Working as a reporter for The Washington Globe, reporter Cal McAffrey (Russell Crowe) sets out to a routine murder victim headline, but as more facts start to manifest, a much bigger story begins to unfold of a political cover-up involving defence force distributors, corrupt senators and even more murders. One of the main ideas behind State of Play however, is the parallels that appear between Cal’s handling of a hugely expanding conspiracy story and a police investigation. “It’s not a story! It’s a case”, Cal is abruptly told by the chief detective at one point. Nevertheless, Cal is determined for the same objective - the truth. The tension unfolds subtly with a nice cat and mouse sequence at the centre making it less a droning ‘talky’ as it is a gripping thriller with constant, finely realised twists. Kevin MacDonald knows this genre well and hardly falters bringing the script to life.
Ben Affleck as Senator Stephen Collins at the centre of all the interest suits his role and played it as well as one could have expected; straight laced with few extrovert qualities. Helen Mirren’s newspaper boss shines through with little to do and representing the new age of ‘blog reporting’, Rachel McAdams’ Della Frye counters Crowe’s McAffrey surprisingly well. Russ is top flight as always, proving that his ability to inhabit a man and all that makes him tick, makes him almost second to none within his generation of performers. Robin Wright-Penn channels her real-to-life wife scorned experiences with not surprising ease, adding weight to the supporting cast alongside small but pivotal roles from Jeff Daniels and Jason Bateman.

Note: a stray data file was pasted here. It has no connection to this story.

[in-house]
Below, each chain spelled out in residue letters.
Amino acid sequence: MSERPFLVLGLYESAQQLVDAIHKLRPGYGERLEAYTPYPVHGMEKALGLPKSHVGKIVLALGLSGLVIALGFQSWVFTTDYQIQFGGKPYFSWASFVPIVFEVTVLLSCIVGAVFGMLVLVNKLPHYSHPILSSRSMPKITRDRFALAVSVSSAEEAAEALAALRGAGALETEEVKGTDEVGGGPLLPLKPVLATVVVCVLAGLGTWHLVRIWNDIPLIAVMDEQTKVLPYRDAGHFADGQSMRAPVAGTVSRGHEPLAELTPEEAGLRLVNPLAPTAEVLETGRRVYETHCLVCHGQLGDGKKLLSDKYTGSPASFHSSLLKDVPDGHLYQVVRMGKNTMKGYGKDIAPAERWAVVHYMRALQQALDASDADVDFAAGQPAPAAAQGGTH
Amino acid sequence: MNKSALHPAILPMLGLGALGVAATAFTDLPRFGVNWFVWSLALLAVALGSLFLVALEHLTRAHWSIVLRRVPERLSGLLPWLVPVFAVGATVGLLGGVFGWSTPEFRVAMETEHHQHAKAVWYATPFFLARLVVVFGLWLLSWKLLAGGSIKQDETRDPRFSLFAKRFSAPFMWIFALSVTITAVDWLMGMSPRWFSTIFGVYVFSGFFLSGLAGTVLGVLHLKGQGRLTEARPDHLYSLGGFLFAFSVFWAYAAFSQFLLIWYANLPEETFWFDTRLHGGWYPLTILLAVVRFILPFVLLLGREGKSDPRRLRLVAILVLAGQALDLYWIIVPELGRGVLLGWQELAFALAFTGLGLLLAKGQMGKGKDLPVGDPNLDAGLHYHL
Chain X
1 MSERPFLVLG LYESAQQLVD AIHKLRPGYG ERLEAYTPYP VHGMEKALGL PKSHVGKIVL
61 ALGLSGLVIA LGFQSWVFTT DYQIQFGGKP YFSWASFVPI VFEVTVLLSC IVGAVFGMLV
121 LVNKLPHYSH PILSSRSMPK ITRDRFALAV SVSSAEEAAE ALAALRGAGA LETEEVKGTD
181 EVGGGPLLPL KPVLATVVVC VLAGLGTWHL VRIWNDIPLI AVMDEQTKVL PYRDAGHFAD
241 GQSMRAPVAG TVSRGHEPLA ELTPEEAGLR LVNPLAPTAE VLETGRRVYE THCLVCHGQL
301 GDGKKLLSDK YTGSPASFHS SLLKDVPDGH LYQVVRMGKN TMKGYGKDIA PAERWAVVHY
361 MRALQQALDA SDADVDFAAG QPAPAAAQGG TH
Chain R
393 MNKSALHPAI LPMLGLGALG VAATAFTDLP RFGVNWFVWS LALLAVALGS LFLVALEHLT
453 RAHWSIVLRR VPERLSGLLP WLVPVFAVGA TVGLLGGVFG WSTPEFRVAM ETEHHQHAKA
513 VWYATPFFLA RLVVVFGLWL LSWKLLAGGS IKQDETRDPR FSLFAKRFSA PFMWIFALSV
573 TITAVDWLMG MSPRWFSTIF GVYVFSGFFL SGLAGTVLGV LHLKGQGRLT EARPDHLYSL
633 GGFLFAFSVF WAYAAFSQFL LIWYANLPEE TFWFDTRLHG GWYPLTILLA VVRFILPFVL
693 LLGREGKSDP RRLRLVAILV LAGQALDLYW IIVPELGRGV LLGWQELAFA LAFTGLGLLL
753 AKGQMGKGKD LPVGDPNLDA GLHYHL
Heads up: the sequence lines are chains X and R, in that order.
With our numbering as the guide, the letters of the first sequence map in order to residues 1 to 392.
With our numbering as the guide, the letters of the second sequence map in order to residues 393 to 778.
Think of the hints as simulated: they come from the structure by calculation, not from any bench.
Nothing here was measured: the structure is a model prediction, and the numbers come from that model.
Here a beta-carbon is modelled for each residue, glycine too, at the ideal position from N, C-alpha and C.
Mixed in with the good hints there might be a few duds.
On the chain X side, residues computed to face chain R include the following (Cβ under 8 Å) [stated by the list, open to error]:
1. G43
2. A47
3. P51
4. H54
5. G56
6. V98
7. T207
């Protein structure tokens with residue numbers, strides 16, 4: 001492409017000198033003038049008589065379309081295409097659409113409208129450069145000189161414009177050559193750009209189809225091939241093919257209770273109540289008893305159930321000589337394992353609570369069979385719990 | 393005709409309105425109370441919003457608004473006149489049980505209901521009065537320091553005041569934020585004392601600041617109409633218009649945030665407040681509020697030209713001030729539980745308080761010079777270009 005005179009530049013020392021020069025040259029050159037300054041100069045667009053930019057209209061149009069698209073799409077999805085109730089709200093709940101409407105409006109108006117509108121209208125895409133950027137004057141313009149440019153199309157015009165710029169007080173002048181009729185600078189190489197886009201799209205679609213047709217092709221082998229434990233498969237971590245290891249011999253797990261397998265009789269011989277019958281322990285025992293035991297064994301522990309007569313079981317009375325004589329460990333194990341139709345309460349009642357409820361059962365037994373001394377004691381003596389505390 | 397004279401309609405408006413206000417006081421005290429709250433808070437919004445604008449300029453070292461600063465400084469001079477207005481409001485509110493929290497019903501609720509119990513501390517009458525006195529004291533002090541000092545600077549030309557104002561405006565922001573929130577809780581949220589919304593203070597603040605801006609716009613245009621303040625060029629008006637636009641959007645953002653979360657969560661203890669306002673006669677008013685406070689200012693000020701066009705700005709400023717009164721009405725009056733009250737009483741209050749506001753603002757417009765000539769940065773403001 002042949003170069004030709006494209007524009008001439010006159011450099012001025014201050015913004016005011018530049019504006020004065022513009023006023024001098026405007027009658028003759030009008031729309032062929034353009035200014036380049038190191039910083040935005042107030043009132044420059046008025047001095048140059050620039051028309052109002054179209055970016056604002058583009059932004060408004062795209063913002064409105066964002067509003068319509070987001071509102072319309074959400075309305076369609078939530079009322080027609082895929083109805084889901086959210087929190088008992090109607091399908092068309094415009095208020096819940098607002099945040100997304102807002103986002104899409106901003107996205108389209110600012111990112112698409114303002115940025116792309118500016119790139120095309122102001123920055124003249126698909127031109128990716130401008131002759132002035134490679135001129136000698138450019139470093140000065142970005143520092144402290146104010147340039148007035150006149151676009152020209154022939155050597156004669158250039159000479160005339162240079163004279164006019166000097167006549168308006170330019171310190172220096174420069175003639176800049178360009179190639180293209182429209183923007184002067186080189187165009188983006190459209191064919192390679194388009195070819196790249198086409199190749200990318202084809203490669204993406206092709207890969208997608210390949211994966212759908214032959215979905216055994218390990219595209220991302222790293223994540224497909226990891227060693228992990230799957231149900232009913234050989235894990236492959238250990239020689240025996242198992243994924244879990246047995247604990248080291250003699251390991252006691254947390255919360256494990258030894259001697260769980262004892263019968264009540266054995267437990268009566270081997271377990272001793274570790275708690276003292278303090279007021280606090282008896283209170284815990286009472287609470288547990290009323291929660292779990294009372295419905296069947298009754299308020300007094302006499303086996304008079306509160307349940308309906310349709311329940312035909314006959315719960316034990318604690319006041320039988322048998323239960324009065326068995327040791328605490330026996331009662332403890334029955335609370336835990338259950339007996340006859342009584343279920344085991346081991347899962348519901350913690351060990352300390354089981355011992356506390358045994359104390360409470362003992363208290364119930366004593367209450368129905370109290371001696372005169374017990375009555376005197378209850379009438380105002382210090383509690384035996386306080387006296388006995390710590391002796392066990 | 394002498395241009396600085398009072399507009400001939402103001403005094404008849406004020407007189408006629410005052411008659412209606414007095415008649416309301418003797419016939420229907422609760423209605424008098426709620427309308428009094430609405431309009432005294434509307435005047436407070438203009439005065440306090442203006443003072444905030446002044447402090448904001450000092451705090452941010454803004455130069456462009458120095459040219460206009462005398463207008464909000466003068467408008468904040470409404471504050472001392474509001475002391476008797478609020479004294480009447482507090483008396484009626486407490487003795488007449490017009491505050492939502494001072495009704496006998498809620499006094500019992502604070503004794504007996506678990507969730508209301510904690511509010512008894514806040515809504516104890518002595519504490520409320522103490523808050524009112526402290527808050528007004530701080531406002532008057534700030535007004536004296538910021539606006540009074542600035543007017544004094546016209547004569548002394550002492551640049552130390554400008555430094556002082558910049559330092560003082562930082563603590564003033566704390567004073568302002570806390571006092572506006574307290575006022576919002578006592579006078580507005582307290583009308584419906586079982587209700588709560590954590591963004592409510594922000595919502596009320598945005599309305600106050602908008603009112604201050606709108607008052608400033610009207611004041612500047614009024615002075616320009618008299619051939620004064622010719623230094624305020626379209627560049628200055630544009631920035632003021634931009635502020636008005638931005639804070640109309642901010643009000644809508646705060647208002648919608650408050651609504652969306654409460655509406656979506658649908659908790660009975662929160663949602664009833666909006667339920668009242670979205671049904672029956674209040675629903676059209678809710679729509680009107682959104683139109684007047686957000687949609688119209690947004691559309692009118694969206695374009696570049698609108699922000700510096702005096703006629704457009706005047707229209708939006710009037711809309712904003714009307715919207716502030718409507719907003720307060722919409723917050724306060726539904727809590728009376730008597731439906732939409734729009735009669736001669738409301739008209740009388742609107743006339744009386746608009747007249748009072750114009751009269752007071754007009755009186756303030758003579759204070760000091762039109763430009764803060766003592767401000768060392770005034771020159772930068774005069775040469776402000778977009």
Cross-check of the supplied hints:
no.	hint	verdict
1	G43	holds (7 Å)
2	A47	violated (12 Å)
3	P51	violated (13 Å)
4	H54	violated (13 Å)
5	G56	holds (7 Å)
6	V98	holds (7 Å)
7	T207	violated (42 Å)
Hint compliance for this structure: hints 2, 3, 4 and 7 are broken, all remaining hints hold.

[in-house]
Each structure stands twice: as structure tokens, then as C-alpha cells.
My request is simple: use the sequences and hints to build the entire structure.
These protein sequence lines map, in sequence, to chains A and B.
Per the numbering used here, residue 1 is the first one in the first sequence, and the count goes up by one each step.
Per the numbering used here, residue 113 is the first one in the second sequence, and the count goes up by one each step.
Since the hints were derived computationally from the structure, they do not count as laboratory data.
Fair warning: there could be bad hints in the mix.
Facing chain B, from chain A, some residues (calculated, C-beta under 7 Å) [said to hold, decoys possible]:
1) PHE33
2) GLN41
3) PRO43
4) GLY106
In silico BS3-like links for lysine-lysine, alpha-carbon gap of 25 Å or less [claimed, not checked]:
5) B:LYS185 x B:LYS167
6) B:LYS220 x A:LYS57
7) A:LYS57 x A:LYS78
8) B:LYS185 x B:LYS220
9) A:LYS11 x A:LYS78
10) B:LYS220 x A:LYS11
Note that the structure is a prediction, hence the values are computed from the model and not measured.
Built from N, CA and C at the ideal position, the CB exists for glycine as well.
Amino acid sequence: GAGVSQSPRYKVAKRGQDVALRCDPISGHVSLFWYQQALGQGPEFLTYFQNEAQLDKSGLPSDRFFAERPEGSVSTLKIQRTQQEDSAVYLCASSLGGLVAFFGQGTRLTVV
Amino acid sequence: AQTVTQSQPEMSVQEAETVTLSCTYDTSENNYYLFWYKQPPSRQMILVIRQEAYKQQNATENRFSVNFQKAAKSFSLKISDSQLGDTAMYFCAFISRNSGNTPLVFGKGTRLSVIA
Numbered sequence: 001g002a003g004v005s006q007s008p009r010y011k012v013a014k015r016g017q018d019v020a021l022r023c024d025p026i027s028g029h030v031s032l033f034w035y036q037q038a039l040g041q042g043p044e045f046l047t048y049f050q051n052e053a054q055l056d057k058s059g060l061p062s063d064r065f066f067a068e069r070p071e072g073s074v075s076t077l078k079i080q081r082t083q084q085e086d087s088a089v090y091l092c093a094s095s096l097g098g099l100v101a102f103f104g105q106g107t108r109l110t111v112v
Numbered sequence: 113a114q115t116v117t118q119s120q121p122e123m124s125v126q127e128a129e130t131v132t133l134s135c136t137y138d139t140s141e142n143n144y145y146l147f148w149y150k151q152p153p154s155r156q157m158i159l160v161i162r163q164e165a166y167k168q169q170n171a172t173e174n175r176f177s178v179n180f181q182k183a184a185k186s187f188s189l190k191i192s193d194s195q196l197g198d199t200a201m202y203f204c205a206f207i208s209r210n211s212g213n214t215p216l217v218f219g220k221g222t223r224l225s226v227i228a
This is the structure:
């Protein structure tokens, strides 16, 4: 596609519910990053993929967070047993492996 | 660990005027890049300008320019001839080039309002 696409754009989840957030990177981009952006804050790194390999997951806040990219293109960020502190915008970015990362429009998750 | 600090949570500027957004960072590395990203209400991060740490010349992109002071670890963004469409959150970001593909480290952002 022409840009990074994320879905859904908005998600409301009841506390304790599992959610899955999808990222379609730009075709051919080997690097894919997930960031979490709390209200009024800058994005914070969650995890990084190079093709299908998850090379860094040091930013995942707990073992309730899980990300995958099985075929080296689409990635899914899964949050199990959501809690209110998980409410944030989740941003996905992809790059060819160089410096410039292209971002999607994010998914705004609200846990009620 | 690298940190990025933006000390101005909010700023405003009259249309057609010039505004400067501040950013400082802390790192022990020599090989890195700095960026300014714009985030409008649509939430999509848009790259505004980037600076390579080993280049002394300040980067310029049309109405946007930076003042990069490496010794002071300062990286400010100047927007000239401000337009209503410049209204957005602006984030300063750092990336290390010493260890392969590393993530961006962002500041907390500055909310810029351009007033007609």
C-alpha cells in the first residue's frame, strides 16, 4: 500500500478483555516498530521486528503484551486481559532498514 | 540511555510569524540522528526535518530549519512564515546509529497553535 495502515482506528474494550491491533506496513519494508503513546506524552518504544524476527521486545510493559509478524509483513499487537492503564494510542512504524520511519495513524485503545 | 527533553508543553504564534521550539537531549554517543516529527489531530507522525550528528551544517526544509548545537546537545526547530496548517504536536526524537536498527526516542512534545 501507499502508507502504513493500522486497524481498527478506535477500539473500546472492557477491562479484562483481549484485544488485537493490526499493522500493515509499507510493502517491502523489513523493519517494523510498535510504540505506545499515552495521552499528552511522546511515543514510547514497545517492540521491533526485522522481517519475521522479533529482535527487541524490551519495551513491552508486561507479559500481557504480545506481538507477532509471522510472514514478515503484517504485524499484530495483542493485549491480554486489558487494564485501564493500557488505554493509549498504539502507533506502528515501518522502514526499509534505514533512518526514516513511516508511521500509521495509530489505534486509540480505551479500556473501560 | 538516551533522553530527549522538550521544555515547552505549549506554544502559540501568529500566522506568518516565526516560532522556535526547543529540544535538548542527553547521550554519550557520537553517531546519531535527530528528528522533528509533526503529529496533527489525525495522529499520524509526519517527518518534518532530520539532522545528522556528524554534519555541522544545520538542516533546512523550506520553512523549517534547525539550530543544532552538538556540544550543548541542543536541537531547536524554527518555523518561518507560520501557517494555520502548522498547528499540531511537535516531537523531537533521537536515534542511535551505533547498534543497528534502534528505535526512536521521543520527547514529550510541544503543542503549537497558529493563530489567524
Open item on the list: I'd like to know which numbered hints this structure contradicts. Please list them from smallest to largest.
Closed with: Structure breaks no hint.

With such written films however, genre rules always tend to appear and even though the revelatory ending did not feel worse or better for the film, I might have been more satisfied if a reasonable, but rushed extra twist at the eleventh hour wasn't thrown in. Overall, I was thoroughly impressed despite thinking it doesn’t quite match McDonald's outstandingly tense Last King of Scotland. It is easily one of the best films of 2009 so far and as a film for adults goes, it’s a damn fine entertainment.